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thedoc
09-01-2005, 03:55 PM
i've this idea i have and wanna turn it into a flik... i dont have a set story but what i have is information of certain aspects of the "LAND" that i've written down. I have created the tribes... valleys... and stuff.... what is what i have called???

How can i best develope into a story???

Jean Genie
09-02-2005, 02:03 AM
I'd call it a good start.

Ask youself how the elements you have interact with each other. Are the tribes' belief systems, territorial needs, ambitions clashing in any way? Is the land giving the tribes what they need? If everything you have is harmonious, then you might have to introduce new elements.

Otherwise, conflicts, even small ones are always the best way to build a story an pull it forward.

Hope that helps.
Good luck...

thedoc
09-05-2005, 08:30 AM
hey there,

sorry for the time it took for me to respond. Is there a "name" for what i have...? which is primarily a document of the lan with no story

SOE digital
09-05-2005, 04:01 PM
I'd call it a synopsis or a concept ;)

fwtep
09-05-2005, 04:07 PM
I'd call it a synopsis or a concept ;)It's neither. There's no name for it other than maybe a "setting." It's not really part of a story itself.

Fred

thedoc
09-06-2005, 10:59 AM
it's deffinently not part of ,,the story... i'd say it's a bunch of FACTS that help to make a story,

Screenblind
09-06-2005, 03:44 PM
I'd describe what you have as a Fiction. - what you are developing and fleshing out is a fictional world - If it turns out to be an inspirational and groundbreaking fictional world, you might even have a genre on your hands.

thedoc
09-07-2005, 02:05 PM
okay, thanks a lot!

meatpuppet
09-28-2005, 10:27 PM
as i understand it 'the dark crystal' came about in a similar way.

by that i mean that jim henson and crew got together and tossed around ideas for the world of the dark crystal, they created the different settings, the races and creatures, etc. and THEN began working on a story to tell using all this material.

it sounds like you're building a world which can be a very good first step in fantasy creation. once your world starts getting realistic enough you'll probably find that possible characters, conflicts, scenerios, etc. present themselves.

keep it up.

cheers,

thedoc
09-29-2005, 01:53 PM
thanks... any name for what it's called???

mrloco
09-29-2005, 01:57 PM
I would call it a setting, because its just a framework for the story, but not the story itself.

Daniel-McMillan
10-11-2005, 03:49 PM
I have created the tribes... valleys... and stuff.... what is what i have called???

How can i best develope into a story???

Sometimes it is called a "background or character sketch." If it has detailed background information about your characters. Historical drama's tend to have a lot of reserach going in - so background sheets are very helpful to the writer. I enjoy doing this when writing my screenplays (http://danielmcmillan.com/tq/film-tq.htm). I can't help but to do sketches, research, and write background story. This helps set the tone, and get your creative java brewing.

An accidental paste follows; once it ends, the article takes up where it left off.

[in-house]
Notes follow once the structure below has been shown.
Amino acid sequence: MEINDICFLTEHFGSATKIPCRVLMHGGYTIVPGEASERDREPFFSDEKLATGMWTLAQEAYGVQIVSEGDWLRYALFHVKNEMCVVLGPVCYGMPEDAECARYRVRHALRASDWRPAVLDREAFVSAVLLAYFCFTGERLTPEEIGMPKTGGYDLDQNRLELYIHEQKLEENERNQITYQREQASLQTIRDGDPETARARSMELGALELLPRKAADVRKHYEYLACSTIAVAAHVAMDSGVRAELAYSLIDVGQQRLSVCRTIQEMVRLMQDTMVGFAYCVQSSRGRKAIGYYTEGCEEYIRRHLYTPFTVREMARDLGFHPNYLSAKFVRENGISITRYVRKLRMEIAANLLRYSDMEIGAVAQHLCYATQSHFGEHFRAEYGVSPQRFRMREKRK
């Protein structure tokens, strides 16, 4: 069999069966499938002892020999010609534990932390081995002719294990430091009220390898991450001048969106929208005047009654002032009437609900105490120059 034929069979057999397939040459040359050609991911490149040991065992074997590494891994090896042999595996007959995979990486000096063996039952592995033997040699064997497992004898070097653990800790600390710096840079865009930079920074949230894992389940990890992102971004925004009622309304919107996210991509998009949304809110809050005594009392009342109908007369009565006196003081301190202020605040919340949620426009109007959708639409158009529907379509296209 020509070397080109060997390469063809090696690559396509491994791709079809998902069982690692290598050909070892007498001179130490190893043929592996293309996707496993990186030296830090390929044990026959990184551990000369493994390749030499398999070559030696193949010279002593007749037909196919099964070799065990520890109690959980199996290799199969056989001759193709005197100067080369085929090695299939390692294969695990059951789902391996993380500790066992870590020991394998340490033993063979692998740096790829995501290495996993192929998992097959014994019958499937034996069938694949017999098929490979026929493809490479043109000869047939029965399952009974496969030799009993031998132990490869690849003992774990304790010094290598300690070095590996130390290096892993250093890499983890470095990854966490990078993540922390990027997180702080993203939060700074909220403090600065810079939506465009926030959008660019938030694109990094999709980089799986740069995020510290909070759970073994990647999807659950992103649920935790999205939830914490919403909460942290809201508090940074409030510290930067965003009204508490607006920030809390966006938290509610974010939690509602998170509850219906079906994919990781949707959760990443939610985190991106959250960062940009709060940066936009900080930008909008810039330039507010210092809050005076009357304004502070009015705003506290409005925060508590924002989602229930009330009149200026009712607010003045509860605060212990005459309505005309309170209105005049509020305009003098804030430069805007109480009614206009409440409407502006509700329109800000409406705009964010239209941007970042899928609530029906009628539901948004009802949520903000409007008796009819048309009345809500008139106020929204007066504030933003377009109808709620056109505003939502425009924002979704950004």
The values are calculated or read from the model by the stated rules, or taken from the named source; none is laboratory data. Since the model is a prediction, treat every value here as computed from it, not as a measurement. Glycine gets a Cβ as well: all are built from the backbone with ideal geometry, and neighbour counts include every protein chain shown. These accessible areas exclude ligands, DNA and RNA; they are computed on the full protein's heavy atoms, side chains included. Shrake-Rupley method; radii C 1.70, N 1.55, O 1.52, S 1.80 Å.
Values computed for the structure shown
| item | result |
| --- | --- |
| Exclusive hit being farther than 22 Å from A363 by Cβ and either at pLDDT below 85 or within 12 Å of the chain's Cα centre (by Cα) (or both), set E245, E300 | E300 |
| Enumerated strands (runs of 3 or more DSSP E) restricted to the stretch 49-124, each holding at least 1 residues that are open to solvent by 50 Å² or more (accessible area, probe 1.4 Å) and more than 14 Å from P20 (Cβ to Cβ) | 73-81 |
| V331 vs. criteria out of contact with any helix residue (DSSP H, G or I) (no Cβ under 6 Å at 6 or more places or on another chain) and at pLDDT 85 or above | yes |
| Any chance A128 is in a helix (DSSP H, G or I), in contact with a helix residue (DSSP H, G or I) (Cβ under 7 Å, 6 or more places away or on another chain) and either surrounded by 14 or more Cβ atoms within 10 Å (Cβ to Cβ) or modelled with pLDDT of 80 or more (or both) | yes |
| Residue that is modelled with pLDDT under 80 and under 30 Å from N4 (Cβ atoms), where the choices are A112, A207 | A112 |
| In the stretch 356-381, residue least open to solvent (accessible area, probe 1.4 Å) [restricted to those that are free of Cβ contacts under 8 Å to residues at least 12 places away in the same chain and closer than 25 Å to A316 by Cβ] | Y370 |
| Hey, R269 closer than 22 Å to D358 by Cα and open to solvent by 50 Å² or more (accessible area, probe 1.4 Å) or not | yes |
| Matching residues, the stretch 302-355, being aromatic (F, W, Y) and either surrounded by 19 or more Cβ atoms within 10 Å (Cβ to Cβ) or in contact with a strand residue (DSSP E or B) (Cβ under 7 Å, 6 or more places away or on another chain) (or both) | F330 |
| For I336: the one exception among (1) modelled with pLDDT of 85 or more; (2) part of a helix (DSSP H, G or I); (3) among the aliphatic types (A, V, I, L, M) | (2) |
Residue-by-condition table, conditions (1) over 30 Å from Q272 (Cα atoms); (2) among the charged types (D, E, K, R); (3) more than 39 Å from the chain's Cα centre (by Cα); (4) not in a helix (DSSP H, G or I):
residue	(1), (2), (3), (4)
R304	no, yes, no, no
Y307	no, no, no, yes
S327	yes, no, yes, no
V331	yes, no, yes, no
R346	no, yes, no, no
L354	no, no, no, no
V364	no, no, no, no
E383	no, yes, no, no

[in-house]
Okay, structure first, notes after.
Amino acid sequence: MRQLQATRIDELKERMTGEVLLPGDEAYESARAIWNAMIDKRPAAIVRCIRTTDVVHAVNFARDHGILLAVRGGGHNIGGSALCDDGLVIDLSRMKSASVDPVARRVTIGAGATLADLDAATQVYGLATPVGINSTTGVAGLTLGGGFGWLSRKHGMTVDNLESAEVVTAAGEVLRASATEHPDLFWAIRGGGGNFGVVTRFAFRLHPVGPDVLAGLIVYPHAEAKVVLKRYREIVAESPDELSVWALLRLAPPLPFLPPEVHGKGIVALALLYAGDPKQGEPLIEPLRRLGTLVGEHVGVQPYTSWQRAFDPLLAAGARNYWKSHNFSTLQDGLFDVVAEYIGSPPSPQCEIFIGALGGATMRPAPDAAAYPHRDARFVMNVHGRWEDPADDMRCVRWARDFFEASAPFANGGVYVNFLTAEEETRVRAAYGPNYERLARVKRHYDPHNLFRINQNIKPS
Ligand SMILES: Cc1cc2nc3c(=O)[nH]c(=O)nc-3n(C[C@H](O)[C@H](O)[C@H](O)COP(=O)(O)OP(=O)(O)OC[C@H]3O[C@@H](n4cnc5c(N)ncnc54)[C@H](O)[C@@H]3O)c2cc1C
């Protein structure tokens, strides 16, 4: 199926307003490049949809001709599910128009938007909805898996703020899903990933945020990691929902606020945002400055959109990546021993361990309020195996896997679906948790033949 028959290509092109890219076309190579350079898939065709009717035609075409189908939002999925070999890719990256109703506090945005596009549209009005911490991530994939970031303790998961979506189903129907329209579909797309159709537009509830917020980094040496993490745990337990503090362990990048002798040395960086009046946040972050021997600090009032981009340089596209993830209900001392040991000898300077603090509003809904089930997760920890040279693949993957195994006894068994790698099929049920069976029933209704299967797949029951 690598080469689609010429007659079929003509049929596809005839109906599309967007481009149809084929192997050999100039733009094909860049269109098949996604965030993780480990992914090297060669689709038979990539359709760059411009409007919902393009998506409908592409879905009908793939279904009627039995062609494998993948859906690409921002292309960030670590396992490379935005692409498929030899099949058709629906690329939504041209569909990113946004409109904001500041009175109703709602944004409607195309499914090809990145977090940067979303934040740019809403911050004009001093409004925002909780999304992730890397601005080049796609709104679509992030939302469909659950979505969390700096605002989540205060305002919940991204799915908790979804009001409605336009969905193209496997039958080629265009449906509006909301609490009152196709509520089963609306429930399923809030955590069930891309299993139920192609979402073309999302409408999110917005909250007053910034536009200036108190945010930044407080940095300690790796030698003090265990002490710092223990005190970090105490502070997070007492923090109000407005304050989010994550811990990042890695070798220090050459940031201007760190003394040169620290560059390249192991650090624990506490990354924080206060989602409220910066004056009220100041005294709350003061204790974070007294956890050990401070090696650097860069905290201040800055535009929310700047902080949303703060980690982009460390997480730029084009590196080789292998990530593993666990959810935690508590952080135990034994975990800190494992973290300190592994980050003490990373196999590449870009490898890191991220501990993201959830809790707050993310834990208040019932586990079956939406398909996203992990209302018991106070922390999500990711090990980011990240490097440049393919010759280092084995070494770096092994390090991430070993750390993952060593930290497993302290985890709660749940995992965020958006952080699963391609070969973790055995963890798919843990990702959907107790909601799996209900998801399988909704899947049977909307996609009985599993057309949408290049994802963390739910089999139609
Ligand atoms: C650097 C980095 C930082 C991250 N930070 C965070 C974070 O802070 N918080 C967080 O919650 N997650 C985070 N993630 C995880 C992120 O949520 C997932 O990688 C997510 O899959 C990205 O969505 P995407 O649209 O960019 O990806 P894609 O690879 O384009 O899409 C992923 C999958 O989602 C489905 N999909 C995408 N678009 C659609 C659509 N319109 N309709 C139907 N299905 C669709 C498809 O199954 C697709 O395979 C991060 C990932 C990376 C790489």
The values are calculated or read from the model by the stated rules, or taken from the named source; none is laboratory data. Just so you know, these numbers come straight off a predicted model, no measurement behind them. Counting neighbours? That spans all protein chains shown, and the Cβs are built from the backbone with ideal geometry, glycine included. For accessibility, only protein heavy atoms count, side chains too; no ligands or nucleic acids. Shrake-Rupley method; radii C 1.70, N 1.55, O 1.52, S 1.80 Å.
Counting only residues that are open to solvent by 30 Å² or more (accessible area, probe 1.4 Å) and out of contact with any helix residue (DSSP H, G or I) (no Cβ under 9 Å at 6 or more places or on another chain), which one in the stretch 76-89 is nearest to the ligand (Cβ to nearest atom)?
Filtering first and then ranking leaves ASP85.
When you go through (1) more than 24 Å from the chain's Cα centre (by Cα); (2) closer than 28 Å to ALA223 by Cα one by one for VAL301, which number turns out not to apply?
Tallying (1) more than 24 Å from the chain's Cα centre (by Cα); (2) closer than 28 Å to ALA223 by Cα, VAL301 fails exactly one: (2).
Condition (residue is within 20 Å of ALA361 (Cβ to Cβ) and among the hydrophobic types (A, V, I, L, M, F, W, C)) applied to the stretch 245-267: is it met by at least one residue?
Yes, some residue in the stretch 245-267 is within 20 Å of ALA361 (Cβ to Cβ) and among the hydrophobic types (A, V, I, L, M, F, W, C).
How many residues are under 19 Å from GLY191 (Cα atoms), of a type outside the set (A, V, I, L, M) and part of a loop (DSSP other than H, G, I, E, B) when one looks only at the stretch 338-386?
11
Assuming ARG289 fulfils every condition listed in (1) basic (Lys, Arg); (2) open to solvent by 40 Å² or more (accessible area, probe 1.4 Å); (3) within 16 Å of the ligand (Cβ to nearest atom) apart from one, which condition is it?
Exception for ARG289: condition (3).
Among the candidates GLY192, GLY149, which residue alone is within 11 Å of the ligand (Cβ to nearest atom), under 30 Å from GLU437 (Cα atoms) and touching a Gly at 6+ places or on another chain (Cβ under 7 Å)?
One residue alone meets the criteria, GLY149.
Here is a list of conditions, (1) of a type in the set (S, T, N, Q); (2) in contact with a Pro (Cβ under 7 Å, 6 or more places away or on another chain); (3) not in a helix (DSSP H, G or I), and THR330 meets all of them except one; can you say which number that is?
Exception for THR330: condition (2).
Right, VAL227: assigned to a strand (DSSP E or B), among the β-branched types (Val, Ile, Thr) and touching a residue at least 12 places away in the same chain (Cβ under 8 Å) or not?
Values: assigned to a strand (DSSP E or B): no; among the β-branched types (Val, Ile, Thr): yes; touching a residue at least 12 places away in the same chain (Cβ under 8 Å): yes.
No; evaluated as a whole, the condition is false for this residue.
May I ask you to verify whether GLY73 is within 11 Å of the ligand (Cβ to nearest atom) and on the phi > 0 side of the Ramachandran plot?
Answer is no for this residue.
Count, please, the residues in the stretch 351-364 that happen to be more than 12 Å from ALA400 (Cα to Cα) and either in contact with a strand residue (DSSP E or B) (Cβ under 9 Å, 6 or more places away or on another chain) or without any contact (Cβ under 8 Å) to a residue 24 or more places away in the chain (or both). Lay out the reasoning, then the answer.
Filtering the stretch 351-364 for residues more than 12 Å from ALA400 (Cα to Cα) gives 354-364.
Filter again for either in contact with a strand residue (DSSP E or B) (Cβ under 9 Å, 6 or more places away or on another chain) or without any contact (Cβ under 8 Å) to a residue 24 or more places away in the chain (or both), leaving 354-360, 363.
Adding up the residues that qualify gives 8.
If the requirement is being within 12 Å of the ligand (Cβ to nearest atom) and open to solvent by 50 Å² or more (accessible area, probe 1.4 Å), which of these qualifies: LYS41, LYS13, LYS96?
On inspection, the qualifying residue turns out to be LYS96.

Since I'm assuming that your going to write a screenplay, the process for writing a screenplay follows these stages:

1.Treatment: An essay-style description of the story and characters. There is no specific length, but a treatment generally runs twenty-five to thirty pages.
2.First Draft: Complete screenplay in standard form (usually longer than the final draft).
3.Second Draft: A rewrite of the first draft incorporating significant changes in plot, story line, or the interrelationship of the characters.
4.Polish: Revisions of specific dialogue, action, settings, etc. (not a complete rewrite).

For starters, I like to use an outline on paper. I begin to outline where the story is going.
(Here is an example from one of my projects) I. The Shard a. Michelle and Ken
b. Traxan Lightning attack
c. TQ Guardian appears
d. Mom calls
II. School Bus Abduction a. The Funnel Cloud Anomaly
b. Space Station response
c. Valorius Mission
d. Into the Funnel
Some people like to write scenes on 3x5 cards. The program "Final Draft" can dispense your scenes onto 3x5 cards so you can experiment with the arrangement.

Also, it is a good idea to take a "Creative Writing" and "Developing Ideas" class at a local college. I enjoyed the class when I was in school - and took it twice! We still had to use typewriters and "white out" in those days (it was the early 80s) so consider yourself "candied up a bit."

There are a lot of folks who force their writing into a three acts, or another kind of forumla. Then there are folks who - when they write - it falls into place naturally. In either case, it gets better during the Second Draft phase.

Just be sure not to overdue it. The "Mona Lisa" would be some other picture if it was repainted. Go with your original inspiration. If you struggle constantly with it, and the story does not start to have a "life of its' own" then set it aside. Write something else.

Be careful who you talk to about your story when it is underway. Almost everyone who reads it will want to rewrite some portion of it. Many people seem to transform into expert authors when you have pearls to cast before them. (But left to their own devices - they never write a thing).

If you have a co-writer, stick together no matter what. I had the priveledge of having a very fun to work with co-writer, who was also a thorn in my side on the evenings where I wanted to flounder around. Needless to say - we kept at each other until, a year and a half later, we had a gem of a read.

Good luck to you, please post about your progress.

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